2017 Featured Speakers

Disaster Preparedness and Recovery: Using Technology

Brian Conley photo

Brian Conley

Information Technology Director, Bryan County Commissioners

Brian Conley is the Internet Technology Director for Bryan County, Georgia. He began as the first employee in that position, and currently has grown to a team of three in the last 15 years. He has certifications in A+, CCNA, and MCP. Brian was presented with a public service award in 2010 from Coastal Health District and contributes to community service. The county district is divided in North and South ends by an Army Base, and he keeps both ends connected together. He oversees GIS, hardware, software, networking, and his current role is project planning and management. He always looks for new innovative ways that use technology for county and system improvement. Brian strongly believes in “work smarter, not harder.”


I will demonstrate how technology was implemented to aid in the Hurricane Matthew disaster cleanup process for our county. We used geo-tagging images of all damage caused by Hurricane Matthew. The images were collected from citizens and county employees. A drone and social media was instrumental in our data collection. Our team imported them into an interactive GIS map and made it available for GEMA and FEMA. This map located the most damaged areas in order to prioritize debris removal. Team building and department relationships will be emphasized for the success of this project. Disaster awareness and preparedness will be discussed from the IT perspective.

Reaching Your Next Summit: 7 Vertical Lessons & 1 Essential Question to Lead With Impact, Regardless of Your Title

Manley Feinberg - Keynote Speaker

Vertical Lessons

Manley is recognized as an award winning international keynote speaker, business leader, and author. He served two terms as the President of the National Speakers Association, St. Louis chapter; and is a member of the National Geospatial-Intelligence Agency (NGA) Leadership Development Staff.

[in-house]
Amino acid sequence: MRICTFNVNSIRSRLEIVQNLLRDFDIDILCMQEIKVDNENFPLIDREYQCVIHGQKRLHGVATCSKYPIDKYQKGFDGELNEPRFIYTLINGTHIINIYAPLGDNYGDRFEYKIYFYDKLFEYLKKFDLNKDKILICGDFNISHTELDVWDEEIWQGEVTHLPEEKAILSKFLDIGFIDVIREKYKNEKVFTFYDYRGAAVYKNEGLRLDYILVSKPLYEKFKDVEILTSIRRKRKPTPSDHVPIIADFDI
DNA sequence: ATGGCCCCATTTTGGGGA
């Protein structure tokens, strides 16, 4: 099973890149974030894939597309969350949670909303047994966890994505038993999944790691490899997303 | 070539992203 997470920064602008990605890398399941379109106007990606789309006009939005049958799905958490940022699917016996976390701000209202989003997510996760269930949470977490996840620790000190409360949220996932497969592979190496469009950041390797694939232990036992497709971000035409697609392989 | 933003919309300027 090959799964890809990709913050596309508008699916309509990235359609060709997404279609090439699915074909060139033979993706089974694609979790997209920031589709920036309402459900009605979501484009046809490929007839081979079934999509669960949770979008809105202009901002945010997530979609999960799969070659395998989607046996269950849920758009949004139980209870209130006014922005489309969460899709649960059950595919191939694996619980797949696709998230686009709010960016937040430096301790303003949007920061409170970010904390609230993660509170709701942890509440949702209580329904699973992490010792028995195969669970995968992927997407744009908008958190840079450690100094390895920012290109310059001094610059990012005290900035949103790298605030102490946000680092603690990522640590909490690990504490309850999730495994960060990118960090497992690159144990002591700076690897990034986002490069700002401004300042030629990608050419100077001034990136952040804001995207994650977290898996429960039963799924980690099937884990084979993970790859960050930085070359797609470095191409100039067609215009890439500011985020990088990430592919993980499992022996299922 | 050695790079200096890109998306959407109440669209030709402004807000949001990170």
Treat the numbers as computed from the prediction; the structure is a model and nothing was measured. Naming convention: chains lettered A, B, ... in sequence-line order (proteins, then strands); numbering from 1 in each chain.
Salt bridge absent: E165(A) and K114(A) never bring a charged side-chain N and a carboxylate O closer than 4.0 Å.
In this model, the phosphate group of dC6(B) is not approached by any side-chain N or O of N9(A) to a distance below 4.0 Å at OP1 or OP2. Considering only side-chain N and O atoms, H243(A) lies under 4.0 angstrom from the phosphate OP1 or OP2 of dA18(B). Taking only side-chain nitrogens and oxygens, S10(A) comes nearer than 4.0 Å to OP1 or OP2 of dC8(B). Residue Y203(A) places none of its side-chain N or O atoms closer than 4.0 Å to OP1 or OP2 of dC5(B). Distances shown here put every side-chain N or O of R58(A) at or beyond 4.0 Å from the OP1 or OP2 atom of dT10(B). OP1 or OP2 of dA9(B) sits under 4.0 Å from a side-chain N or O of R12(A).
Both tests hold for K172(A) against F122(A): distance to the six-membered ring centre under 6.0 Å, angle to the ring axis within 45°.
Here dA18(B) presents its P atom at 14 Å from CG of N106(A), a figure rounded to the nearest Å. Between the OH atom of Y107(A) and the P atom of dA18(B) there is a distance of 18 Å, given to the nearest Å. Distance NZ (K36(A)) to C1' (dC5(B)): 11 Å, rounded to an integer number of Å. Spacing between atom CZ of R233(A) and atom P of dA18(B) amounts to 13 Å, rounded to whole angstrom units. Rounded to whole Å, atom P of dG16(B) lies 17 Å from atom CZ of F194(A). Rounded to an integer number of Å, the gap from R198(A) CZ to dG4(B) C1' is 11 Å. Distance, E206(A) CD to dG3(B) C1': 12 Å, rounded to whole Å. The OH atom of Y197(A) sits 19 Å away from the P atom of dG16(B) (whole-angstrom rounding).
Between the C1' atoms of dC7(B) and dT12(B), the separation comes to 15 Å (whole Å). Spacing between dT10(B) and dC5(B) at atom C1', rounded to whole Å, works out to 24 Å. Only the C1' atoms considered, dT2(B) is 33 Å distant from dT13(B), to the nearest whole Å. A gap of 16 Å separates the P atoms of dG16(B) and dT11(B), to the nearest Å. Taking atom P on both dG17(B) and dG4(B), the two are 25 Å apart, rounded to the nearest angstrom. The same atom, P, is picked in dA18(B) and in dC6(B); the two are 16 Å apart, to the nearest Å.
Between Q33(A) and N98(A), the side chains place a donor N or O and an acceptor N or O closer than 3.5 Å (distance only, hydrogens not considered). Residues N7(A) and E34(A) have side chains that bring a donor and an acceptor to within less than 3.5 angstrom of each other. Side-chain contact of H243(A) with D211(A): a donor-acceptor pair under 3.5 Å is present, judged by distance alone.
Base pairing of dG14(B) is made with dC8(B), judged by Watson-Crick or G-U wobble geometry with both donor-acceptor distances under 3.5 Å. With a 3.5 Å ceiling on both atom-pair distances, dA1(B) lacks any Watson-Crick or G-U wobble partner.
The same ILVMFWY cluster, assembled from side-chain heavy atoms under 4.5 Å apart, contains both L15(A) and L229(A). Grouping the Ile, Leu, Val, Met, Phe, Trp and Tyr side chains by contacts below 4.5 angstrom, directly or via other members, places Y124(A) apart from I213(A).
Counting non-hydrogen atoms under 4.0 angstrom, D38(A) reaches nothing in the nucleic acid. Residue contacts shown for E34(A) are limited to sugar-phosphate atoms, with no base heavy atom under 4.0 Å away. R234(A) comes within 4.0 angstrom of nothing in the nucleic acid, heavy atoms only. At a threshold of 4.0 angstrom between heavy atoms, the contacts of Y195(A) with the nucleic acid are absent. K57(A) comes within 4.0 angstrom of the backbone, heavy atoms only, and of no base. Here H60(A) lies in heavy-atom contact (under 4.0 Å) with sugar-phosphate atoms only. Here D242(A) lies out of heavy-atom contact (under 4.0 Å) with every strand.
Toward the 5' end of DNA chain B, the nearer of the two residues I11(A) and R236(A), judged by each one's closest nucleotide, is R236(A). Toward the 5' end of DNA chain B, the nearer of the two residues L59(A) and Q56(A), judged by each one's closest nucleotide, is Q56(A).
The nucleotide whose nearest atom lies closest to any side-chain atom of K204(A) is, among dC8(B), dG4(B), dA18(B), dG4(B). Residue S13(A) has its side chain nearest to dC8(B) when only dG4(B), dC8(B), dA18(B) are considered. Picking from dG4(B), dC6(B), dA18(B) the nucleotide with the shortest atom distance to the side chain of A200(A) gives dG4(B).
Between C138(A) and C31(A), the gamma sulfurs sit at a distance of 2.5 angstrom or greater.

During Manley’s eleven years with Build-A-Bear Workshop, his leadership direction helped take the revolutionary retail concept from 40 stores to over 400 worldwide, realizing revenue growth from 55 million to over 474 million, and a successful IPO on the NYSE. He built an award winning reputation for implementing business solutions and support that produced measurable results every day. Manley’s leadership influence contributed to a workplace culture that landed Build-A-Bear on the FORTUNE 100 Best Companies to Work For® List four years in a row. It is this expertise that he shares by applying lessons learned in business and adventures to life’s daily challenges.


Professionals often struggle to deliver more value under tightening business constraints and rising expectations. Add the complications of regulations, engaging a multi-generational work force, constantly evolving technology, economic pressure, plus the chaos of day to day life, and you have a serious challenge.

Manley’s Reaching Your Next Summit keynote will help equip you to lead on the edge and realize more in your life and work every day.

You will gain tools you can use immediately to develop a leadership mindset that engages, equips and inspires both you and your team members to step up and lead regardless of title. Expect team members to build relationships and serve beyond vertical and horizontal boundaries in their environment. Collaboration is just the beginning. With more accountability and increased commitment, you will see results you can measure.

Public Safety Consolidation

Laura Gonzales photoLaura Gonzales

CIO Retired

Laura was born and raised in Albuquerque, NM. She attended Southern Methodist University and obtained Bachelors' degrees in Business Administration and English. During college she received scholarships to study in Spain and at Oxford University in England as well as performing volunteer work with Amigos de las Americas in Ecuador. She attended Webster University and received a Masters' in Computer Resource and Information Management and subsequently began a career spanning over 20 years in public sector Information Technology. She was Chair of the Board for REDI Net, a project to bring a fiber backbone to Northern New Mexico. She is on the curriculum committee for the Bachelor of Engineering in Computer Science for Northern New Mexico College, has worked with UNMLA on their Information Technology curriculum and on a grant for their Information Technology program. Laura believes in striving to improve your own skills and in pursuit of that belief has become a certified Project Management Professional and a Certified Government Chief Information Officer. She recently retired as CIO of Los Alamos County. She occasionally consults for different agencies within the State of NM and is President-Elect of the PMI Otowi Bridge Chapter.

Mel Lee photoMel Lee

CIO, NM Department of Public Safety

Melvin Lee an Air Force veteran began his civilian career in technology after separating from the military by proceeding to work in the education sector as an IT Director for the Albuquerque Public Schools for 14 years before taking a leap into state government as the Chief Information Officer (CIO) for the Department of Public Safety.